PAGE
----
One Perceptive Developer Took a Smart Approach
Then one of the senior developers tried the application on his development machine. It didn't work there either.
He stepped back through earlier and earlier versions until he found that the system had stopped working three weeks earlier. A tiny, obscure bug had prevented the system from starting correctly. Although, the project had good unit test coverage. Despite this, 80 developers, who usually only ran the tests rather than the application itself, did not see the problem for three weeks.
Without running Acceptance Tests in a production-like environment, they know nothing about whether the application meets the customer's specifications, nor whether it can be deployed and survive in the real world. If they want timely feedback on these topics, they must extend the range of their continuous integration process.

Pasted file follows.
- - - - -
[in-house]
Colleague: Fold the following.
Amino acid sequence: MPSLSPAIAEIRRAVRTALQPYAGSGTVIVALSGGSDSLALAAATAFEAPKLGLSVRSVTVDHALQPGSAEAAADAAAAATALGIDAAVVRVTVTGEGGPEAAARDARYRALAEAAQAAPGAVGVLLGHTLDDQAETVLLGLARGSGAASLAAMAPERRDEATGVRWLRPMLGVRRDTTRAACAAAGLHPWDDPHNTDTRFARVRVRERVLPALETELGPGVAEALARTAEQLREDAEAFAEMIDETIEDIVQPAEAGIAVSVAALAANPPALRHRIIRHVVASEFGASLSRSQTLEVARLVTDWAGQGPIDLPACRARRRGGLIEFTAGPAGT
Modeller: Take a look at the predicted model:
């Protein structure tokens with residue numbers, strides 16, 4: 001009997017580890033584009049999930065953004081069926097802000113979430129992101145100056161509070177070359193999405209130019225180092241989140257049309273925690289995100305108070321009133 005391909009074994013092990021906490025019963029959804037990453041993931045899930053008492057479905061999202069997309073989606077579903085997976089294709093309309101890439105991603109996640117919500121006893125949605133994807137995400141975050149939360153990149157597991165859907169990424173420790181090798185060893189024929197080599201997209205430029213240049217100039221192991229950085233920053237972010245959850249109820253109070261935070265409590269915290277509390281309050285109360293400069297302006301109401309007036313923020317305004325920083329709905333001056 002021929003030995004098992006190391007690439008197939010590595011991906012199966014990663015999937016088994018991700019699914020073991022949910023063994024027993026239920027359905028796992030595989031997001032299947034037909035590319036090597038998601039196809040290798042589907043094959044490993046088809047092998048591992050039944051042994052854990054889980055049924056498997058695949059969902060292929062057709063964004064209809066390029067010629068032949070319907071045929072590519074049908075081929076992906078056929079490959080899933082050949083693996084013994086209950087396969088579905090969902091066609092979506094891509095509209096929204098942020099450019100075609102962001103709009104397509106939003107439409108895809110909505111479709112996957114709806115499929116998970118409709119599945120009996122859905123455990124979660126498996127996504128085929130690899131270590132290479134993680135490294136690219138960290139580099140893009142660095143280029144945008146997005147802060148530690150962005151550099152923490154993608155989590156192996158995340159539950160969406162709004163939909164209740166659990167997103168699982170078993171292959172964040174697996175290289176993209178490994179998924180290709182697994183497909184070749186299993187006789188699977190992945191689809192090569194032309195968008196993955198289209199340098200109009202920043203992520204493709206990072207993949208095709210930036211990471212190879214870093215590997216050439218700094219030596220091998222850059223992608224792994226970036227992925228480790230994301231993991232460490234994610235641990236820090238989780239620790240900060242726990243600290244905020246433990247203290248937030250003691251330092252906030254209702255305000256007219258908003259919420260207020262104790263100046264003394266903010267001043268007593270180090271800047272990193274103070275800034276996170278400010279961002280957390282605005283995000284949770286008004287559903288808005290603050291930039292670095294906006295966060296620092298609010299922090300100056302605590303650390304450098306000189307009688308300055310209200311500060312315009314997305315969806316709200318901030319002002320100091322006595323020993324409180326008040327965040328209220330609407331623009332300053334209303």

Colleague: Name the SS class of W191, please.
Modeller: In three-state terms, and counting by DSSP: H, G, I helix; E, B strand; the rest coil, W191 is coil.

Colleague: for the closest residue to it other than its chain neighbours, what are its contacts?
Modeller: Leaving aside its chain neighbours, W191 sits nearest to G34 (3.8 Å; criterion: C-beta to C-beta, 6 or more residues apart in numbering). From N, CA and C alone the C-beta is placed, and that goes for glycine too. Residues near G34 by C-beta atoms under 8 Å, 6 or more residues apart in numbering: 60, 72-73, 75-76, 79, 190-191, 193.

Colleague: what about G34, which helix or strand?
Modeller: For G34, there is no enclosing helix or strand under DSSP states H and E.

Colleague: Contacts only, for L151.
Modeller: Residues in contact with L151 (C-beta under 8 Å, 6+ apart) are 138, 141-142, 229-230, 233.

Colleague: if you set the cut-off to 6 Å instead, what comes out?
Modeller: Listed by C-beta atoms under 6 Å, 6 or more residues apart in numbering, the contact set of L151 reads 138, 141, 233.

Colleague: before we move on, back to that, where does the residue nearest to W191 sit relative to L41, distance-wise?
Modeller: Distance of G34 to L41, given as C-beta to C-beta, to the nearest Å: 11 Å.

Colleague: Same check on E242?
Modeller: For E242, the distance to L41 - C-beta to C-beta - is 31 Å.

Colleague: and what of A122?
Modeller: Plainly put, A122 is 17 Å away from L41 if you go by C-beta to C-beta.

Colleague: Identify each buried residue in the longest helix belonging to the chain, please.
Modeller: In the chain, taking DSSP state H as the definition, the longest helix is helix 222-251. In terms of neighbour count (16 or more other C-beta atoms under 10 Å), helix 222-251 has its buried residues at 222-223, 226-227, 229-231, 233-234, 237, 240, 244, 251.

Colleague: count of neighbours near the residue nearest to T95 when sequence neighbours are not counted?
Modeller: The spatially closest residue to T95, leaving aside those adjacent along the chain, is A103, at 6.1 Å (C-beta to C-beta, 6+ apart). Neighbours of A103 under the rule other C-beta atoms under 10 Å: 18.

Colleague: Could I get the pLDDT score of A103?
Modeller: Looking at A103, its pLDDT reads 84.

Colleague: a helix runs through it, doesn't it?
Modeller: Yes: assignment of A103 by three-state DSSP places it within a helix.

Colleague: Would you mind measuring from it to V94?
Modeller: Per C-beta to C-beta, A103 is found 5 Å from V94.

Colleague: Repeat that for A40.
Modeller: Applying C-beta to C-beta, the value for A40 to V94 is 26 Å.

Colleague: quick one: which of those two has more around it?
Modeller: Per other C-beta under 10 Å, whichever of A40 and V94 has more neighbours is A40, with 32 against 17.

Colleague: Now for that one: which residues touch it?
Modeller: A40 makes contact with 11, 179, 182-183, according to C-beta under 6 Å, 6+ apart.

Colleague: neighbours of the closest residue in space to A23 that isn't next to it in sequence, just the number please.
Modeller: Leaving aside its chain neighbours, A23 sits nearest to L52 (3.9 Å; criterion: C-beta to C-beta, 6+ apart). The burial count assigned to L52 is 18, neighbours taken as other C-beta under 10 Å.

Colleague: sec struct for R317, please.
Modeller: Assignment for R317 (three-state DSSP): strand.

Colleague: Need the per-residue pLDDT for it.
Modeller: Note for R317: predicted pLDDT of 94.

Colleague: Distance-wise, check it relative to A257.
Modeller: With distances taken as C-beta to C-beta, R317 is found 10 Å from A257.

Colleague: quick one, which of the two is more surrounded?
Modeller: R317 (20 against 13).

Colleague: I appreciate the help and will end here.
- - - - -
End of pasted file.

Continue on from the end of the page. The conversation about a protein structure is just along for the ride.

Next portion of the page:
Let me summarize the lessons learned by looking at the above problems:
- Unit tests only test a developer's perspective of the solution to a problem. They have only a limited ability to prove that the application does what it is supposed to from a users perspective. They are not enough to identify the real functional problems.
- Deploying the application to the test environment is a complex, manually intensive process that was quite prone to error. This meant that every attempt at deployment was a new experiment — a manual, error-prone process.
Solution — Continuous Delivery Pipeline (Automated Acceptance Test)
They took Continuous Integration (Continuous Delivery) to the next step and introduced a couple of simple, automated Acceptance Tests that proved that the application ran and could perform its most fundamental function. The majority of the tests running during the Acceptance Test stage are Functional Acceptance Tests.